It was a lazy Monday afternoon and I couldn’t help but turn the pages. I just wanted to finish it off. Chuck Palahniuk had lost me somewhere in the middle, possibly in one of the many rooms of the Waytansea Hotel. By the way, am I only one who got this reference though? Waytansea – ‘wait and see’- one has to admit the author has his charms. Palahniuk has been loosely associated with being the author who isn’t afraid of breaking the norms, making new ones up. Coming up with the wackiest characters in the middle of the most bizarre situations is what this American writer is famous for. Unlike most authors, he isn’t afraid of grabbing the second-person narrative by its collar and wringing out the tiniest, unimportant detail. While ‘Diary’ here hasn’t received awards like his other books (notably ‘Lullaby’ and the infamous ‘Fight Club’), there is no denying his style being present in loads from page one.
Published in 2003, the novel takes the form of a ‘coma diary’ telling the story of one Misty Marie Wilmot. Her husband, Peter the contractor – excuse the rhyme – lies senseless in a hospital after a suicide attempt and all she has to live for is her daughter Tabbi (short for Tabitha) and definitely not her mother-in-law, Grace, who she believes is turning eccentric by the day. She gets through the day by binge drinking and popping pills by the dozen. At the same time, she is being forced (by the entire town it seems) to carry on painting- something she’d never got the time to do after getting married and settling on the island. Most of the town is oblivious to her feelings and at times, even her as a person. This aptly reminded me of the movie Hot Fuzz that starred the brilliant Simon Pegg and was set in a town not unlike this one.
You fail to see when the high-point of the novel comes and goes. However, one can still find a few genius sentences in between the draggy narrative.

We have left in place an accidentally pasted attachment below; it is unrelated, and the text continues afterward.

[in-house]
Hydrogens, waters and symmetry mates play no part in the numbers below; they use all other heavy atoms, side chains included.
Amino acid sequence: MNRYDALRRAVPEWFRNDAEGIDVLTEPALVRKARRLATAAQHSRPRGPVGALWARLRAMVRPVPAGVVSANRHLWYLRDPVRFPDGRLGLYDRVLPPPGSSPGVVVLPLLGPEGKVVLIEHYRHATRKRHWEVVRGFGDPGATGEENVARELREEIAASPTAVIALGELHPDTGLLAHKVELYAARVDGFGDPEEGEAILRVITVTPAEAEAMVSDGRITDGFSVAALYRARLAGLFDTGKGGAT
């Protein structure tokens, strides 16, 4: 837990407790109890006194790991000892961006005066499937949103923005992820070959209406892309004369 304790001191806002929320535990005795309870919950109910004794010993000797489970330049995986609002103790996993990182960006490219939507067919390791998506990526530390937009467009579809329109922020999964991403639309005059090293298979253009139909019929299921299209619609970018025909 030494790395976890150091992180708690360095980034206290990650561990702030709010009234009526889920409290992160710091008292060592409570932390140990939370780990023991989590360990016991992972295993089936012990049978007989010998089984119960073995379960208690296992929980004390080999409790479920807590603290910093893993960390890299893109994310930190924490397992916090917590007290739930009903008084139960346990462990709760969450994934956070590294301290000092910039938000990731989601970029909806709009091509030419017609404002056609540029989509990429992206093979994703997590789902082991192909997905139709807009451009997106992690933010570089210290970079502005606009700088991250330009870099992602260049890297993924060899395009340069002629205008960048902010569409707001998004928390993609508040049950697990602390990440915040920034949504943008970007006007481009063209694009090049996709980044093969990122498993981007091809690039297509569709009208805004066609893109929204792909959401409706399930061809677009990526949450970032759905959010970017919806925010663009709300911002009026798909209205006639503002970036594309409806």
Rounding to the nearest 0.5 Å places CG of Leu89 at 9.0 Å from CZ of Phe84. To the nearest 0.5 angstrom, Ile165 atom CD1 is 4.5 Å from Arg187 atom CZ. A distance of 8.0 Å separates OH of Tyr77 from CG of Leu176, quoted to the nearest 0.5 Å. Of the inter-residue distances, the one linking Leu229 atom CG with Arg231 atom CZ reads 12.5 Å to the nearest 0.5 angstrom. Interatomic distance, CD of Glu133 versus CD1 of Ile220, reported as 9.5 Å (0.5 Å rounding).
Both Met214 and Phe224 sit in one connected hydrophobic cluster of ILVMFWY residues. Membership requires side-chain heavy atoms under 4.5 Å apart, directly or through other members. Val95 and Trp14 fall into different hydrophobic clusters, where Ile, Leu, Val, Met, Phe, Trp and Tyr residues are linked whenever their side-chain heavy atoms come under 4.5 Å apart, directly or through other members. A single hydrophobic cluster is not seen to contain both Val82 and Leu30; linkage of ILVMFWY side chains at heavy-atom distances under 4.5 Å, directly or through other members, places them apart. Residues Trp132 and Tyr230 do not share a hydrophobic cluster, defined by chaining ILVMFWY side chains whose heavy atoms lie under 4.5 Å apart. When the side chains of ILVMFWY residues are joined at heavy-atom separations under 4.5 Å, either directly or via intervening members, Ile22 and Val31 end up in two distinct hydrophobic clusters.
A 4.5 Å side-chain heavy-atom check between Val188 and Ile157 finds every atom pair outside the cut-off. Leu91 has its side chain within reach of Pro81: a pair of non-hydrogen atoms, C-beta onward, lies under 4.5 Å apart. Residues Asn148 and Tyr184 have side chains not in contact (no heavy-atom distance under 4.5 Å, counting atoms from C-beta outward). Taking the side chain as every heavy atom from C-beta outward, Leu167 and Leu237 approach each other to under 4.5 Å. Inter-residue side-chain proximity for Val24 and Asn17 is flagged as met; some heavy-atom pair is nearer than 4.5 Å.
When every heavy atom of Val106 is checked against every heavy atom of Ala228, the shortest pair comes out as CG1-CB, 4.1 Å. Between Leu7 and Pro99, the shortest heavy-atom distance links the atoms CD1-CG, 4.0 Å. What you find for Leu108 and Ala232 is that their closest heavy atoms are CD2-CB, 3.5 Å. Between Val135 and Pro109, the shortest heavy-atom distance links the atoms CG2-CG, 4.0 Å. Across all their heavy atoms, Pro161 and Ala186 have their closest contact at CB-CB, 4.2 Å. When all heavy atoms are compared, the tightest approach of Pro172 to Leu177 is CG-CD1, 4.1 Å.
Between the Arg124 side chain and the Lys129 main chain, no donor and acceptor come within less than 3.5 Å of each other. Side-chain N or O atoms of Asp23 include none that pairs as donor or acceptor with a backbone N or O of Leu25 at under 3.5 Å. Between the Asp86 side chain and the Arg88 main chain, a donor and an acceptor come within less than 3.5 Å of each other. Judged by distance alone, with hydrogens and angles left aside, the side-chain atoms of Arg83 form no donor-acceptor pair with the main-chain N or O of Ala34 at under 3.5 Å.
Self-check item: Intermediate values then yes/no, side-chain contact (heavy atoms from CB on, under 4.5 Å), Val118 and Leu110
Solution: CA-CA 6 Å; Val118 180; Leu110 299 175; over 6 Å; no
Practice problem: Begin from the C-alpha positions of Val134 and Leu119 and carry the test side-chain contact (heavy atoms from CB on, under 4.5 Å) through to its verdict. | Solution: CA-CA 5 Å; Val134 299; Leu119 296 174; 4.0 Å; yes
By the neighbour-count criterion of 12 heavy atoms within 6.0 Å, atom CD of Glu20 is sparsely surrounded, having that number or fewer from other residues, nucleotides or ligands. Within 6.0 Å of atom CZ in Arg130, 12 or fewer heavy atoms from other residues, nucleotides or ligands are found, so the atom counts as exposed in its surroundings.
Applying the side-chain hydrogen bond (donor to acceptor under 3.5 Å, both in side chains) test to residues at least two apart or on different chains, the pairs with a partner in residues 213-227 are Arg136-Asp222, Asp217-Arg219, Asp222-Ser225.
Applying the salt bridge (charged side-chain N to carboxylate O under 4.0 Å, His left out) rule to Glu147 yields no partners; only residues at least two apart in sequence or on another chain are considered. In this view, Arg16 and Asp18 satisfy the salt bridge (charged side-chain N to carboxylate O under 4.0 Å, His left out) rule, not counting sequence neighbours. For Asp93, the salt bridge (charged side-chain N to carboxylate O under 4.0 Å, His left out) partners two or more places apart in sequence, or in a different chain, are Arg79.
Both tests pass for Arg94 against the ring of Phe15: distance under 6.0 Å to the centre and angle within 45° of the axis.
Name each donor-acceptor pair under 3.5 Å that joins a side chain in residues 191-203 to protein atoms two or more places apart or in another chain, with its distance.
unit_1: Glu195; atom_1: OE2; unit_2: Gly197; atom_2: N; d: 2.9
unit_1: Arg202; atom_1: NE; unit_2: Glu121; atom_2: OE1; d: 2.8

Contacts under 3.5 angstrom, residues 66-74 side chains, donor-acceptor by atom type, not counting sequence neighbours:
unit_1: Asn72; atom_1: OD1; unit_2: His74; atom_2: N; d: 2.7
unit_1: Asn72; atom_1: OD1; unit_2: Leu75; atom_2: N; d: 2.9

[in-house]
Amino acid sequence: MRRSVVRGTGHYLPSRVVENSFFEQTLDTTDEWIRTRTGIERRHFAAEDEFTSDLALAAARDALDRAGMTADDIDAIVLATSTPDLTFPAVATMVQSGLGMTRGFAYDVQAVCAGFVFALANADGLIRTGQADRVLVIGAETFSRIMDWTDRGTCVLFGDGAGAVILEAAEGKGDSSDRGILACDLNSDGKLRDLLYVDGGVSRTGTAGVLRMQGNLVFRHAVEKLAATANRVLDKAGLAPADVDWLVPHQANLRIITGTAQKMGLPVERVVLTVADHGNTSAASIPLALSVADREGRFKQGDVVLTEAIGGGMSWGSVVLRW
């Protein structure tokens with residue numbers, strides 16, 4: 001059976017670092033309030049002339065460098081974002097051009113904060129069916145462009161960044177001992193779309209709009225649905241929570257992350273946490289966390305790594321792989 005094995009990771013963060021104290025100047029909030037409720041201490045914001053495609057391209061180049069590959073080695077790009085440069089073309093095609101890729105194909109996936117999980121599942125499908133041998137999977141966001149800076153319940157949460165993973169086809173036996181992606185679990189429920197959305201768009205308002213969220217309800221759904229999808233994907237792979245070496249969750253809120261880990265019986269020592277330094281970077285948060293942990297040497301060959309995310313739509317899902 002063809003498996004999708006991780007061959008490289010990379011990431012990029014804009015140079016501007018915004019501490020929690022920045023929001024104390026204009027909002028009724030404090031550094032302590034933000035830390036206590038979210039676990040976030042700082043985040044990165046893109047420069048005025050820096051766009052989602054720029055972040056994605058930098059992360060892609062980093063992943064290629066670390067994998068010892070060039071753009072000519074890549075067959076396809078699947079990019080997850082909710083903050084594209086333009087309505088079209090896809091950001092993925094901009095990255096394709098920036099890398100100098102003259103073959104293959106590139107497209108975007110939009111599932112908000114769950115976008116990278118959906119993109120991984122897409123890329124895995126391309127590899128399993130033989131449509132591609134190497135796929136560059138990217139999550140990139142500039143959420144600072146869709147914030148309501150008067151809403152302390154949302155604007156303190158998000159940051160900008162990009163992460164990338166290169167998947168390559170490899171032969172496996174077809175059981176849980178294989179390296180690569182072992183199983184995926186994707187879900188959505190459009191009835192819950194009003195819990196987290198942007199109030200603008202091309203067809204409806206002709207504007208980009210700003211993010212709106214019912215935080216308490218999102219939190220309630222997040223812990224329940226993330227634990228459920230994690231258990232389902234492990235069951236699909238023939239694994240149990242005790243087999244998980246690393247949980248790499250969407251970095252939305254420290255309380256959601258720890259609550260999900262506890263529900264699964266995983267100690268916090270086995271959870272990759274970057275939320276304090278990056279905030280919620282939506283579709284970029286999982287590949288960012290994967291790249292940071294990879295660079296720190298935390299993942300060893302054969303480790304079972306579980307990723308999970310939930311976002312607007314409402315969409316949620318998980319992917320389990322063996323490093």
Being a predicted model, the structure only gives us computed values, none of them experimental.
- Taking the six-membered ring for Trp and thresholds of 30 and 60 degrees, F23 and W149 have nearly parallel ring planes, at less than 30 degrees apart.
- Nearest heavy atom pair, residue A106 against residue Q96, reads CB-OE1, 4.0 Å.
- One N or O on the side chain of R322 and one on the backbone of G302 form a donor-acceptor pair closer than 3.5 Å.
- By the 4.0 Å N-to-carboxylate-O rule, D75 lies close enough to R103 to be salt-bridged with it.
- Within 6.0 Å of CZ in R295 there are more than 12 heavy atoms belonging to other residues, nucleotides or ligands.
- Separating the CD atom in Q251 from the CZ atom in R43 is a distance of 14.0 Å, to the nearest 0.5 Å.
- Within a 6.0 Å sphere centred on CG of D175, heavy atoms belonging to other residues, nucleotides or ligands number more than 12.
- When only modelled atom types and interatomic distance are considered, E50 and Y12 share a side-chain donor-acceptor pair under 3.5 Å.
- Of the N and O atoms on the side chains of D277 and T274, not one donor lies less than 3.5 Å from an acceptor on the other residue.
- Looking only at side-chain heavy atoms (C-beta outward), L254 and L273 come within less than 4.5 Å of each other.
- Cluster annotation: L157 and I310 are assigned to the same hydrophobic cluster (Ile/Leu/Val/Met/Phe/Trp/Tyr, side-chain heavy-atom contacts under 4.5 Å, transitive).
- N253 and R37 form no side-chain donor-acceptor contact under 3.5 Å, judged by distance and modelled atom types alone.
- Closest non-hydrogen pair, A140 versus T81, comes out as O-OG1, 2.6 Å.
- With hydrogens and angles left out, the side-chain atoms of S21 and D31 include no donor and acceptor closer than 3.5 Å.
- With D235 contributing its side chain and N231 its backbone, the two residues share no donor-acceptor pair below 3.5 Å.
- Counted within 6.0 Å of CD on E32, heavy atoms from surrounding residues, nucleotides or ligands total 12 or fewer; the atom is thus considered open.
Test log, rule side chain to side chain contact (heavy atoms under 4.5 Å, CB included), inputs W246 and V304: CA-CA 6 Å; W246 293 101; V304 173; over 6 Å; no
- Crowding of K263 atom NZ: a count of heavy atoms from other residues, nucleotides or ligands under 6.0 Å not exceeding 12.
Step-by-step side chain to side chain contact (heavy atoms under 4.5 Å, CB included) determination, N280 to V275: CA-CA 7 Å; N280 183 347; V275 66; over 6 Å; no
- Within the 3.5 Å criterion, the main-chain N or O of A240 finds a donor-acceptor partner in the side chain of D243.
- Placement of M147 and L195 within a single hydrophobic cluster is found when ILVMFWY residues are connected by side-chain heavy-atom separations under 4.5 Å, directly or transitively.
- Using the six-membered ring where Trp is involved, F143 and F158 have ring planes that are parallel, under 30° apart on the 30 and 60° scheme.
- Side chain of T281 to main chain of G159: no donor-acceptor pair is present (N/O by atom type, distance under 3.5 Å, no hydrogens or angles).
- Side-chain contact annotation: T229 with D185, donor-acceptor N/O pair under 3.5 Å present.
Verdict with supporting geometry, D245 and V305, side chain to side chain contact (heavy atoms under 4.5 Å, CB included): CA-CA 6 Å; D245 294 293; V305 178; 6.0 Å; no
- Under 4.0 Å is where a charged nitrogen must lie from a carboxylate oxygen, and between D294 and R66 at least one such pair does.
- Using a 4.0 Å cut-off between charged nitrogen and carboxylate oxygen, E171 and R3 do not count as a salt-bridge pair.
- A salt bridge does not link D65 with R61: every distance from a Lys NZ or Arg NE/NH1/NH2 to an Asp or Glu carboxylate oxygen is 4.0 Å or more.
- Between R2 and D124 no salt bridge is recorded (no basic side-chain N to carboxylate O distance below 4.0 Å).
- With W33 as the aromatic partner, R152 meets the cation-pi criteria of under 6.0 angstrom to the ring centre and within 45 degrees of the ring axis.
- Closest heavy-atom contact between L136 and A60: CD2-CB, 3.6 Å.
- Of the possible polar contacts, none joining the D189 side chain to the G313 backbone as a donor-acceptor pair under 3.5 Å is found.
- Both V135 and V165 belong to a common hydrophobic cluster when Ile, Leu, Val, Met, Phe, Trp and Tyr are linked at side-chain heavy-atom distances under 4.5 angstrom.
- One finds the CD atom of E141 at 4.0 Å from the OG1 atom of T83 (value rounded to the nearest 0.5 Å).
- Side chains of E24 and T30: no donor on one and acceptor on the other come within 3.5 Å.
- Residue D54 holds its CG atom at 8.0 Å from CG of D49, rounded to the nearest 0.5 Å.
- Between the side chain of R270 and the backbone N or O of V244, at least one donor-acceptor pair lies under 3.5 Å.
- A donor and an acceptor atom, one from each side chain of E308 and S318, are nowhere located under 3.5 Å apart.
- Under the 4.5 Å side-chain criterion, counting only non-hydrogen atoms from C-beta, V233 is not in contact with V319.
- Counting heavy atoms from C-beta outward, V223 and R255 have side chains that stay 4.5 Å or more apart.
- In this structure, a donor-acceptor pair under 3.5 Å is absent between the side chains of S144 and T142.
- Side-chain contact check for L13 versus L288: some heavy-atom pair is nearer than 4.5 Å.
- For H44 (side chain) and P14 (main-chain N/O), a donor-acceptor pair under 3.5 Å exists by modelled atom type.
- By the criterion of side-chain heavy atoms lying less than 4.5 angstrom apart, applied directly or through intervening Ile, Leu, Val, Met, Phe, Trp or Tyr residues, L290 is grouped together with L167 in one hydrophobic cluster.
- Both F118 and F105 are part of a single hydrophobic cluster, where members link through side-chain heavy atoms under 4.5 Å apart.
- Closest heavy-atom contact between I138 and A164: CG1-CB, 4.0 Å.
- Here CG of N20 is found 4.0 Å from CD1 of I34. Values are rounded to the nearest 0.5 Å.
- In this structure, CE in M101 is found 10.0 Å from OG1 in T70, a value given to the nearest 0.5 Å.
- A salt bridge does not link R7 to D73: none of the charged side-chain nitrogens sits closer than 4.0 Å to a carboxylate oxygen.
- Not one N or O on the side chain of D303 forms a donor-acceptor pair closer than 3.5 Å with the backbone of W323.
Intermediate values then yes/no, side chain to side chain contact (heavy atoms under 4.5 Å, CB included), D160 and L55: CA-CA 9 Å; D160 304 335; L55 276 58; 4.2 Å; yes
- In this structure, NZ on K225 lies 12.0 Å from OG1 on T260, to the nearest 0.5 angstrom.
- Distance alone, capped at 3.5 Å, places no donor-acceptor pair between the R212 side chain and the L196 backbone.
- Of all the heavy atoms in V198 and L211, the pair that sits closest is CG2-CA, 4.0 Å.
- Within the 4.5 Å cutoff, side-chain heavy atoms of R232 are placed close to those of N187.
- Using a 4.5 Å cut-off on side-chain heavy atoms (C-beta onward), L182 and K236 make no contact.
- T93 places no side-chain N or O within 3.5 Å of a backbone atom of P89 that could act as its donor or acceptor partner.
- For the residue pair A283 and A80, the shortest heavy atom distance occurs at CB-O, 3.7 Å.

“Leonardo’s Mona Lisa is just a thousand thousand smears of paint. Michelangelo’s David is just a million hits with a hammer. We’re all of us a million bits put together the right way.”
Also, there is the excellently subtle bit in the starting where he compares the three layers of the skin to the three women in one’s life- wife, daughter and mother. As the story progresses, we see how Misty finds her talent returning through a series of compulsive paintings- most of which she is forced to do blindfolded. There is confusion in the themes that the author finally wants to portray – is it art, family feud, insurance scams or the conspiracies that repeat every four generations?
Want to know something that might just be more interesting than the novel itself? The names of the main characters have been taken from fans’ names selected at random in an official contest held by the author himself. Seems like Grace is not the only one cuckoo here. After reading almost every novel of his, it is safe to assume one has learnt the formula he uses for every one of them. Each and every character – in most of which he has mixed second and third-person narrative – is in some way propelled by desperation, by the fear of death- while simultaneously harming the culture of their state. Add bits and pieces of dark humor and the necessary dose of childhood trauma, and voila! You have got yourself a classic Palahniuk. ‘Diary’ however fails to be one by a long stretch.
If you find the book interesting, buy from Amazon or Flipkart here: